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Intoxicacion accidental de un toro con Wedelia glauca ("sunchillo") confirmada por analisis de contenido ruminal.

Resumen

Wedelia glauca es una planta perenne e invasiva perteneciente a la familia Asteraceae que se encuentra en America del Sur. Su toxicidad se debe a la presencia de un terpenoide hepatotoxico conocido como atractilosido, un potente inhibidor de la respiracion celular y de la sintesis de ATP. El ganado bovino resulta intoxicado con frecuencia, siendo el curso de la afeccion hiperagudo o agudo. Ocasionalmente es posible encontrar fragmentos vegetales en el contenido ruminal y asi identificar la estructura de la dermis de las plantas, ya que no sufren cambios significativos a pesar de los procesos mecanicos y enzimaticos del rumen. Se presentan los hallazgos macroscopicos y microscopicos de un caso de intoxicacion natural por Wedelia glauca en un toro Hereford, confirmado por el analisis micrografico de fragmentos vegetales hallados en contenido ruminal y fardos de alfalfa utilizados en su alimentacion.

Palabras clave: toro, intoxicacion, Wedelia glauca, analisis micrografico.

Abstract

Wedelia glauca is an invasive, perennial plant of the Asteraceae family native to South America. Its toxicity is attributed to the presence of a hepatotoxic terpenoid known as atractyloside, a powerful inhibitor of cellular respiration and ATP synthesis. Cattle are the most frequently poisoned species, and the course of this poisoning is hyperacute or acute. Occasionally, it is possible to find fragments of plants in the rumen contents and indentify the dermis structure of the plants, as they do not undergo significant changes in spite of the mechanic and enzymatic activities occurring in the rumen. The macroscopic and microscopic anatomopathologic findings of a natural Wedelia glauca poisoning case in a Hereford bull are reported. It was confirmed by micrographic analysis of plant fragments found in the rumen contents and also in bales used to feed those animals.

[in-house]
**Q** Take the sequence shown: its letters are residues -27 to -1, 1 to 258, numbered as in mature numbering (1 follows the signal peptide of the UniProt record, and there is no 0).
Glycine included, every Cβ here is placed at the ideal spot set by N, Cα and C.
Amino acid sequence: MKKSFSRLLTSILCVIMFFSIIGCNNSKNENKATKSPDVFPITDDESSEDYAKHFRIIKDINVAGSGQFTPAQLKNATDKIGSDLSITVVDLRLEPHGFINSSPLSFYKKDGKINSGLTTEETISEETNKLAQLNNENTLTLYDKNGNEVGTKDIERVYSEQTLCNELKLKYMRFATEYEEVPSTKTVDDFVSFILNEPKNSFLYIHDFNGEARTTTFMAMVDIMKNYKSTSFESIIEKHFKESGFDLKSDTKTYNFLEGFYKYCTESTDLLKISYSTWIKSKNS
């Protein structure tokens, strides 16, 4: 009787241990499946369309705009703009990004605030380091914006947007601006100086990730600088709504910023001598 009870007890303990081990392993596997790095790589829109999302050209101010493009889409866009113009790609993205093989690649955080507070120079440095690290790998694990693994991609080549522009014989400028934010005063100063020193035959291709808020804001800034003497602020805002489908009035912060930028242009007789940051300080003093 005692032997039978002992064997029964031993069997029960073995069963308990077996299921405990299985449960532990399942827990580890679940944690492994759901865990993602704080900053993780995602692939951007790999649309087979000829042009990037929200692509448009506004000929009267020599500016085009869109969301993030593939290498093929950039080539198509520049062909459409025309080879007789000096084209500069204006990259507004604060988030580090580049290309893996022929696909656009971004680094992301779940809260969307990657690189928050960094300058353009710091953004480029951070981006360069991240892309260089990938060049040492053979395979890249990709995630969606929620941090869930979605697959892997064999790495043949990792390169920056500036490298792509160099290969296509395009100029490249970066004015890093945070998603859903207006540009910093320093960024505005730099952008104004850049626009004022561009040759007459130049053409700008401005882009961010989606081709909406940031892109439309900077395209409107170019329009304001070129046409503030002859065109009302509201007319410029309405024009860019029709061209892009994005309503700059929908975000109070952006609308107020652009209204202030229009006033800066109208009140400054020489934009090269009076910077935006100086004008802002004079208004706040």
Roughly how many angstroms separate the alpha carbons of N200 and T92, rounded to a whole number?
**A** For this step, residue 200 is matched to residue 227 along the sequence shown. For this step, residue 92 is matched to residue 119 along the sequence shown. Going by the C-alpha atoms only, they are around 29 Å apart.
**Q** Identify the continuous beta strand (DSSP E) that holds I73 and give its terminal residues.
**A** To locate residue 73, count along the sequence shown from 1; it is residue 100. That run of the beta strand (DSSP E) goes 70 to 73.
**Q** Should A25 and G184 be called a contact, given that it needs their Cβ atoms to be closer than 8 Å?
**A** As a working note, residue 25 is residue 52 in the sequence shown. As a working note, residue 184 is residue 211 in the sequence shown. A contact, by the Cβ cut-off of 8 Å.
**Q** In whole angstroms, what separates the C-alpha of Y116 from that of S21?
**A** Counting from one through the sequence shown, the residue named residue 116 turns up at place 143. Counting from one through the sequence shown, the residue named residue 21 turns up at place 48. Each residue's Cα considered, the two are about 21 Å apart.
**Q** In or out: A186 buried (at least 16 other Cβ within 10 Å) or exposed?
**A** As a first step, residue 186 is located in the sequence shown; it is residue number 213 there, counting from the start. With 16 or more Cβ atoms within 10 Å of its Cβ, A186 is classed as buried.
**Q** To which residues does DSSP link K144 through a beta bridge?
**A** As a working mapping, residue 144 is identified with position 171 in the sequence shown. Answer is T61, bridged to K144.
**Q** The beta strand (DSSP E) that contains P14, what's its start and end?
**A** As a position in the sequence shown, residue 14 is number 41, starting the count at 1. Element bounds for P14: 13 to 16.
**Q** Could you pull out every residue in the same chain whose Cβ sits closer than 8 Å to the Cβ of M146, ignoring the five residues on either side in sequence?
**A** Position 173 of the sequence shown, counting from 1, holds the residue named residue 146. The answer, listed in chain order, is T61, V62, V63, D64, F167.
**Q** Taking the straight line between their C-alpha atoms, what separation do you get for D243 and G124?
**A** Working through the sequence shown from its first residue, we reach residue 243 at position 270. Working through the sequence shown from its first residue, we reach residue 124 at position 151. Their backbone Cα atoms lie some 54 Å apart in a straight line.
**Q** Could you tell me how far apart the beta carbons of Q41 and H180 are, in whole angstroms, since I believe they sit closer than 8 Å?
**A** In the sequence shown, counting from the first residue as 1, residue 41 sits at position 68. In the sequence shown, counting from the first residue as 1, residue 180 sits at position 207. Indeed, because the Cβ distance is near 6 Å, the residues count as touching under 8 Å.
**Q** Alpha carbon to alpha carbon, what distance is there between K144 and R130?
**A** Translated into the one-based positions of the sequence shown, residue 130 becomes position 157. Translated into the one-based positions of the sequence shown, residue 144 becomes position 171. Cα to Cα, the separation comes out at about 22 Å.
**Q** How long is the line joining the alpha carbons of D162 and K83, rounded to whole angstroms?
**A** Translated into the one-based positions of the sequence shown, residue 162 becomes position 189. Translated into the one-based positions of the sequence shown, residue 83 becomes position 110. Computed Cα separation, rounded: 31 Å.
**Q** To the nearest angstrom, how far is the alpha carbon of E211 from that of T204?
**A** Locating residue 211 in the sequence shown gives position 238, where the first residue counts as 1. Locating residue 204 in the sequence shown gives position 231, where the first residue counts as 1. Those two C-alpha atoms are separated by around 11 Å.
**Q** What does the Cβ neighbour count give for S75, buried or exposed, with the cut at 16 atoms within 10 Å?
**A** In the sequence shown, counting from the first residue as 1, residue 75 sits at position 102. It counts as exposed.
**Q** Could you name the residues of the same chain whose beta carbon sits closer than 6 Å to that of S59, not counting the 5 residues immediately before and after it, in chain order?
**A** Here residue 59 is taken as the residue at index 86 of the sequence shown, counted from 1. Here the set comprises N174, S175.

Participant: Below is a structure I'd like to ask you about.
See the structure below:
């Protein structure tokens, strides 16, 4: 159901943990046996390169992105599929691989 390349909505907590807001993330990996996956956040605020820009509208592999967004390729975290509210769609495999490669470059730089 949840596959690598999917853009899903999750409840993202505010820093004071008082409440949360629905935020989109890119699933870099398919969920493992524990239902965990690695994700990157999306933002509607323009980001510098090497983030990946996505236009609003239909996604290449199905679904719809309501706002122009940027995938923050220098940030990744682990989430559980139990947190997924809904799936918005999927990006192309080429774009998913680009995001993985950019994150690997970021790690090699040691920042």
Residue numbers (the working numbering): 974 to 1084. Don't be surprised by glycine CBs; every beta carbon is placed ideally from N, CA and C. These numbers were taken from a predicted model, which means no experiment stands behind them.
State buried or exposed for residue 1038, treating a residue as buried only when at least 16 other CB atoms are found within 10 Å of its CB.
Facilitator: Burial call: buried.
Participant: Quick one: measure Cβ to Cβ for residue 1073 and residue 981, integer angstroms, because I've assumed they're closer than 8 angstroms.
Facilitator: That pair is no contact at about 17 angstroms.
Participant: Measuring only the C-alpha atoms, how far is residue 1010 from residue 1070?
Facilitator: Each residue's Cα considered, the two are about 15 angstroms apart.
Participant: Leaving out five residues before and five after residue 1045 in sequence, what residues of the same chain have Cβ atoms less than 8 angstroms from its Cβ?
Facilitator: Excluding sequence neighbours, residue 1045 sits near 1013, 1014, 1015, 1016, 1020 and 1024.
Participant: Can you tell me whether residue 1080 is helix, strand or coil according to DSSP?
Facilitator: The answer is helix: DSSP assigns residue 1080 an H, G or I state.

Key words: bull, poisoning, Wedelia glauca, micrographic analysis.

Accidental poisoning with Wedelia glauca ("sunchillo") in a bull confirmed by analysis of rumen content.

INTRODUCTION

Wedelia glauca (Wg) [Wedelia glauca (Ort.) Hoffm. ex. Hicken] belongs to the Asteraceae family which comprises a great deal of specimens, some of them being well-known as poisoning species to human beings and domestic animals (16,20). Poisonous plants have associated toxins which constitute the plants' chemical defense mechanism against insects or herbivores (13,15).

Wg is a widespread plant in South America, especially in Argentina, Chile, Paraguay, Southern Brazil and Uruguay (4,6,11,17,20). It is a perennial and herbaceous plant, 30 to 80 centimeters high, with stiff stems and simple or compound lanceolate basal leaves with 2-3 teeth (Figure 1). The yellow inflorescences are arranged in terminal capitates heads (4,5,18) (Figure 2). Fructification occurs during summer and at the beginning of autumn. Only the underground parts of the plants remain alive the rest of the year. Wg toxicity is attributed to the presence of a hepatotoxic terpenoid called atractyloside, a powerful inhibitor of cellular respiration and ATP synthesis (7).

The atractyloside inhibits the ADP/ATP carrier through the membrane of the organelles, preventing the oxidative phosphorylation by blocking the translocation of adenine dinucleotide (12). The consequence is an initial alteration of the intrahepatic circulation with hepatocyte necrosis and periacinal haemorrhage (centrilobular). Such findings are common to acute hepatotoxic compounds (6,19).